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Travelling Texts: J.M. Coetzee and Other Writers


Robert Kusek and Bozena Kucala

Travelling Texts: J.M. Coetzee and Other Writers is a collection of essays on mutual influences and inspirations between authors, with a special focus on J.M. Coetzee. Bringing together a group of international scholars, the book offers a wide range of perspectives on how canonical and less canonical texts travel between literatures and cultures. Chapter One is devoted to connections between Coetzee’s writings and Polish literature and theatre. Chapter Two is concerned with Dostoevsky’s presence in his fiction. The essays in Chapter Three identify and analyse connections and inspirations between Coetzee and other European writers, with a special focus on Central Europe as a distinct cultural entity. The collection’s scope is extended by the essays in Chapter Four, which deal with several writers for whom Africa has been a source of inspiration.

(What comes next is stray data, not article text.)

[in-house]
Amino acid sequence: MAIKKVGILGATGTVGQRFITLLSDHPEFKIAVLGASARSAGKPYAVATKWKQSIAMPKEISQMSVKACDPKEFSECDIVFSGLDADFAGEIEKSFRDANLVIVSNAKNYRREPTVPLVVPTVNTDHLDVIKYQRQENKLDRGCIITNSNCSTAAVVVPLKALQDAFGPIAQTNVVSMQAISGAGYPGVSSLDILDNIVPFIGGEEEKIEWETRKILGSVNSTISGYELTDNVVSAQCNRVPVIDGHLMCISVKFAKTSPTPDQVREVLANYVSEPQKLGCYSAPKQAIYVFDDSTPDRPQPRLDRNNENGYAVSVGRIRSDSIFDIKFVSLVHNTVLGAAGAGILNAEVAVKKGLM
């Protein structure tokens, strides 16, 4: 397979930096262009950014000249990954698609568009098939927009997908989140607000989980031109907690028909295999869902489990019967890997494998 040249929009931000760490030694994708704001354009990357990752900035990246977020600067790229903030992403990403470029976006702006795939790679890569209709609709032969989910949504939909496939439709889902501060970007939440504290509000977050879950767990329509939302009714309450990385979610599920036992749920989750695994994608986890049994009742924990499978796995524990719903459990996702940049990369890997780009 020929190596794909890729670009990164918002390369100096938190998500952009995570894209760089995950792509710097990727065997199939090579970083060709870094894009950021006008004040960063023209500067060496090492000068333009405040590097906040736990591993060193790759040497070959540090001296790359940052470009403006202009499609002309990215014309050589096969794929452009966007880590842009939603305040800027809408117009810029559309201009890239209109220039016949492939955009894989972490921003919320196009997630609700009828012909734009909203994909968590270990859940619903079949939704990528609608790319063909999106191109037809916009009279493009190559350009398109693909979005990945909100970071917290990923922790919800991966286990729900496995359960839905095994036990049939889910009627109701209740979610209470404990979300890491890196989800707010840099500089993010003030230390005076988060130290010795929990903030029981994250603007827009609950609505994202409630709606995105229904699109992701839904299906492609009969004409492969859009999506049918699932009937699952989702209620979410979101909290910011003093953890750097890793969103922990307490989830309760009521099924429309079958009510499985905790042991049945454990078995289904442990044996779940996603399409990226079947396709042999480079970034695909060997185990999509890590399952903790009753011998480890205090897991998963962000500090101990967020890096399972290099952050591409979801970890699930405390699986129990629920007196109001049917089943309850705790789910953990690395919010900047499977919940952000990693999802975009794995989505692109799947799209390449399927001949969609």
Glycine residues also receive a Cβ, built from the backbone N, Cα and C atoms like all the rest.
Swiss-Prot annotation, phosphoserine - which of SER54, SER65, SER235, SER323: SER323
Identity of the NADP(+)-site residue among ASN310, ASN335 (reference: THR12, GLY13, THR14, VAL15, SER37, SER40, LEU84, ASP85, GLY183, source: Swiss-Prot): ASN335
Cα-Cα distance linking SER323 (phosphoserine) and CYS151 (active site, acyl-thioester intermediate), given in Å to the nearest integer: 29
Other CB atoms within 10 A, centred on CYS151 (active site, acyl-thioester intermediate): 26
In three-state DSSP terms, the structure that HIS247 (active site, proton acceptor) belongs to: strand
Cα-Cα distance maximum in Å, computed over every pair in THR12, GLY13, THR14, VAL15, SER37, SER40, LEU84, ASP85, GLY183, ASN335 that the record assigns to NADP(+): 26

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The Art of J.M. Coetzee and the Legacy of European Modernism: The Kafka Intertext in Elizabeth Costello


J.M. Coetzee’s art is deeply rooted in European intellectual tradition; it relies on European philosophical and literary models. However, in contemporary literary scholarship there is an ongoing debate concerning Coetzee’s affiliation to two twentieth-century European avant-garde literary movements – modernism and postmodernism. On the one hand, Coetzee is frequently referred to as a self-conscious postmodernist (Lowry 1999) and the first South African writer who created experimental novels using the achievements of European postmodernism (Head 2009: 23–24). On the other hand, the affinity of Coetzee’s work to the writings of Beckett and Kafka has led Derek Attridge to describe his art as “late modernism” or “neomodernism” (2004: 2–6).

This article aims to explore Coetzee’s modernist connections by concentrating on the analysis of Kafka borrowings in the novel Elizabeth Costello (2003); in particular, it seeks to demonstrate how Coetzee’s use of the Kafka intertext serves to highlight such complex issues as representation and reality, artistic imagination and authorial responsibility, literary tradition and innovation.

1. Introduction

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